I'm not so sure that I am actually prototyping, certainly trying something new, but the prototyping happened much earlier in this thread when I had proven that I could get all the data I needed from LFS, and that I could control a car, to some degree, in LFS using a Virtual Controller.
The geometric inverse is not what will introduce the error at all, actually that would be a bad inverse, with the exception of error in the floating point computations.
It is already done this way, and I'm not going to remove it to simply move the world coordinate for estimation. Actually as it stands for this moment I want the AI to have 100% accuracy with his Vision Sensor and perceiving his world space position to eliminate any problems. This is exactly how it works right now, with a note of where error will be added in the future.
coneA, coneB, coneC, coneD ... coneN all have positions in worldSpace.
The Visual Sensor knows the worldSpace position and orientation of the car/driver.
The Visual Sensor tests each cone, for field of view, some cones will fail here and not continue.
Then the cone is tested for visibility, cones hidden behind terrain will fail here and not continue.
Finally the Visual Sensor will take the cone and bring it into driverSpace: computing the direction to, and distance to the cone from the drivers eye. there will be an estimation here, that doesn't exist yet.
. The distance and direction in driverSpace is stored.
Only once all cones go through that process will the Visual Sensor then perceive the world space position by applying the inverse steps for each distance and direction. Averaging each of those together to get the perceived position in worldSpace. It is done this way so that once the estimation randomness is added, the position is not given.
This is the way my brain thought to solve the problem while sticking to my own beliefs in the project. It sure would be easy to say:
perceivedPosition = worldPosition + estimationError;
But then it isn't based on the same estimation errors in the Visual Sensor, and, I feel, is just fed to the AI. I want to make it clear I'm currently working without any error algorithm in the Visual Sensor, and will continue doing so as it will be a hard enough job without adding the errors.
As you've pointed out earlier there is much more difficult, challenging and interesting things about the project than perceiving the worldSpace position. I think it became a big deal because I sat down to attempt solving it without resources before deciding to use the transform matrix, which oddly enough was used before Todd mentioned using it, and I explained that right after he responded, I admit I should have made another post prior to that explained the solution I came up with. I usually do that and in this case it came later but was explained in post #322.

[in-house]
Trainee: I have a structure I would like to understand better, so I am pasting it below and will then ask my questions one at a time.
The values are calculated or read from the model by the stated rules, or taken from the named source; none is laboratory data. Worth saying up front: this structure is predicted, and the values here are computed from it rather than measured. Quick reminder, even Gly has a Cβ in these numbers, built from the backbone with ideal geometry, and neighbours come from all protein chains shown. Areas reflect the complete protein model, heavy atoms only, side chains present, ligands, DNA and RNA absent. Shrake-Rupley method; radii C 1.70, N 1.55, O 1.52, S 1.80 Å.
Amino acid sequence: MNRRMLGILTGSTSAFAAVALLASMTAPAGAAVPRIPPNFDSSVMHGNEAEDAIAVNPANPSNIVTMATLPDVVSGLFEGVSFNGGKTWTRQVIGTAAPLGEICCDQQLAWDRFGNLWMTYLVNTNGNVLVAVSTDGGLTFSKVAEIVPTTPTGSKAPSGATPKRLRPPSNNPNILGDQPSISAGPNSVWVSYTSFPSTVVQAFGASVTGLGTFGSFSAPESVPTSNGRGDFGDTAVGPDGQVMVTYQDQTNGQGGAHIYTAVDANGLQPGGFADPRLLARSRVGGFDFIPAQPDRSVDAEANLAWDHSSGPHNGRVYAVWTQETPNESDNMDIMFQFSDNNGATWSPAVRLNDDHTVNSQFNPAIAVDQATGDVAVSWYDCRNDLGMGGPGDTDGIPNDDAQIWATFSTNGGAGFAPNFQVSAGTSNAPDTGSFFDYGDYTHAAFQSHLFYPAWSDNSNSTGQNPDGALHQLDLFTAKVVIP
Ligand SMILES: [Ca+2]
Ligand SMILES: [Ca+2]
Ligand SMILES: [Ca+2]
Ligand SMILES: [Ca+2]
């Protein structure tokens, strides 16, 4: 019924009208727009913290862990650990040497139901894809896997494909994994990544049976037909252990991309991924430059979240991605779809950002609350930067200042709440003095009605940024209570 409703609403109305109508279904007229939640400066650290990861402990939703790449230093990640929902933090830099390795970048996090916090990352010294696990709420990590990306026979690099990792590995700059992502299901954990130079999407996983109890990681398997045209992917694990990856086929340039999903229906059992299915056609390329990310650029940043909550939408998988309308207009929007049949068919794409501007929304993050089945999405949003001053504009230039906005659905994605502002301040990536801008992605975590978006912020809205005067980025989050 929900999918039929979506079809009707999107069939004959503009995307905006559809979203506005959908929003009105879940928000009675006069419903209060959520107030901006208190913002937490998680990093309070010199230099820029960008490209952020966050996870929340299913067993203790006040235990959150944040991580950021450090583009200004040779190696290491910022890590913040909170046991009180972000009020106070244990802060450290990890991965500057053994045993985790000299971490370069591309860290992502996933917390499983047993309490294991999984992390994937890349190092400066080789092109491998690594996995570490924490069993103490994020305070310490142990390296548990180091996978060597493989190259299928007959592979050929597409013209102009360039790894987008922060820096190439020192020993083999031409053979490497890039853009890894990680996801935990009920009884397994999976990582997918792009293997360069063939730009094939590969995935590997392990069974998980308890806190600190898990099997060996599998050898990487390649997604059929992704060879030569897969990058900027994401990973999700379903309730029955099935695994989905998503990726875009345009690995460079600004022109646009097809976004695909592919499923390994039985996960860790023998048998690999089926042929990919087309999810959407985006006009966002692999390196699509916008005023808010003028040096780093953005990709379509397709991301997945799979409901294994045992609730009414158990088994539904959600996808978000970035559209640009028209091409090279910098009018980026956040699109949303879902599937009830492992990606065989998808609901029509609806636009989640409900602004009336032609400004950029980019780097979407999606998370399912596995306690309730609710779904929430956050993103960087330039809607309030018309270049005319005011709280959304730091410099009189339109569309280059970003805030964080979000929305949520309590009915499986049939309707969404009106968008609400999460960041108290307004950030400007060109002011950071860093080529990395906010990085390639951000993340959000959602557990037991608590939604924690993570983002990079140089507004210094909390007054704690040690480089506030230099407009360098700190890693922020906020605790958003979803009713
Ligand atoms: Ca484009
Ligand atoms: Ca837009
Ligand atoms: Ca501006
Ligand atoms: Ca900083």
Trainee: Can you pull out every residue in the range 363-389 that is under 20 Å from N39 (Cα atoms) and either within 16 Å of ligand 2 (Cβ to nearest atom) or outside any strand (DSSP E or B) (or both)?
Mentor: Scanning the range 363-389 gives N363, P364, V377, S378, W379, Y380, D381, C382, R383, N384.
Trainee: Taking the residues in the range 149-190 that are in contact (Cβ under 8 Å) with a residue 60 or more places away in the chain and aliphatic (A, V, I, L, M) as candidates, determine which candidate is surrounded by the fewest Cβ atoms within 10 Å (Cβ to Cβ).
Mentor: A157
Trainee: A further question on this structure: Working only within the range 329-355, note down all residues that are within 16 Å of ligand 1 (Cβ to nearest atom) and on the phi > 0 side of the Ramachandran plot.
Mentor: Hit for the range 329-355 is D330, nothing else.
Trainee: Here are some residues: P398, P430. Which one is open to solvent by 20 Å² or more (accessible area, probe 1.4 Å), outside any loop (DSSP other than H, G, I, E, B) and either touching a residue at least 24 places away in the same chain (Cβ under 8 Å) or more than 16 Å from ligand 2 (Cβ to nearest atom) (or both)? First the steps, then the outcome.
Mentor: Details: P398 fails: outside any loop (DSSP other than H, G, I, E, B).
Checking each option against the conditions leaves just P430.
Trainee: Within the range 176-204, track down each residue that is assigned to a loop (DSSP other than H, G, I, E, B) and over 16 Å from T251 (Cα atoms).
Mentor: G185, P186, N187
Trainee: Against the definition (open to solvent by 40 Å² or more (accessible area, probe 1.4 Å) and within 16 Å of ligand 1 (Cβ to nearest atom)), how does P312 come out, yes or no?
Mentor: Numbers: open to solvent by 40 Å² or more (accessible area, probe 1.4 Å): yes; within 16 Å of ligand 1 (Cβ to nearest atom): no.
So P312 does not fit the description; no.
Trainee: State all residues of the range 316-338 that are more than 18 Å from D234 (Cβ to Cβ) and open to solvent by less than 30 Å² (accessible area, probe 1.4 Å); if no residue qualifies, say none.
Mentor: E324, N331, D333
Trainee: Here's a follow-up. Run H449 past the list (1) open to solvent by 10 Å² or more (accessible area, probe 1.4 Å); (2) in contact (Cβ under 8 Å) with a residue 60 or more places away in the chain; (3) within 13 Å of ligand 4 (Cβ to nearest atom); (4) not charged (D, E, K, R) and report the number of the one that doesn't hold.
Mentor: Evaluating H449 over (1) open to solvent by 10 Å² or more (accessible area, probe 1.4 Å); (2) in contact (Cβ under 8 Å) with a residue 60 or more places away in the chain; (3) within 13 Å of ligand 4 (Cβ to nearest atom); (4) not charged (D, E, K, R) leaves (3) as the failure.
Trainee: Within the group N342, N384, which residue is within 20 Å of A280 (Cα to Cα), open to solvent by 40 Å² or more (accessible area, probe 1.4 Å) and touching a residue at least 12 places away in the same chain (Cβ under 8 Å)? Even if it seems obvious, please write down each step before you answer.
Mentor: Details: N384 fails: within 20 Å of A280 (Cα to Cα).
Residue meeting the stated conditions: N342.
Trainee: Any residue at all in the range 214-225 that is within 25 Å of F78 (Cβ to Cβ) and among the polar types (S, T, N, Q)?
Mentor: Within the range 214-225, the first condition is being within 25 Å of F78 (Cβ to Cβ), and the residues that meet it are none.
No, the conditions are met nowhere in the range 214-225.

I am sorry if I seem stubborn on this point but I don't find reason to change something that is already working, especially when I feel the alternative is less true to the overall idea of the project. I may be bad at explaining my overall ideas.
I do appreciate the thoughts, ideas and conversation this is sparking.
I have found a new problem, which I always had in the back of my mind, that will need to be solved before I can go much further. Early indications were that the sensors jumped around, and visually in AIRS the car would jump around. The cause is simply the delay in input from LFS, networking, etc. But it exists, I've gone on ignoring it, knowing it would add a little error to the AI (that is unintentional error) but figured it could work.
Anyways, I recently sped up the rate the AI driver senses the world and controls the car to 100hz (from something like 20hz) and the problem magnified itself. The Prediction Unit can no longer create curved paths of prediction, and sometimes even the straight paths get messed up. As you can see in the video of the Prediction Unit
, it is very jumpy based on the input problem.
The reason for the problem is the Memory Unit can have multiple states of memory that are identical. So when averageVelocity is computed from the information in the memory it has a lot of error, enough to start confusing the Prediction Unit.
The best solution I know will be somewhat difficult to add, but would be added to the LFS Scanning side of the project. That is, to add client side prediction to what the LFS Scanner reports to the AIRS project. I figure tracking the last three OutSimPackets and time between each packet and then either interpolating between them (delaying the AI's knowledge further) or predicting the future path of the car (which could be inaccurate when a new packet comes), and it may need to be a combination of the two, interpolate until time reached then predict. As of note I do already have LFS sending me OutSimPackets as fast as it will send them
I figure I'd try the prediction first, it will be built similar to the Prediction Unit but used far prior than the AI ever sees the data. Doing this should smooth out the results and help the Memory Unit keep different values for each memory.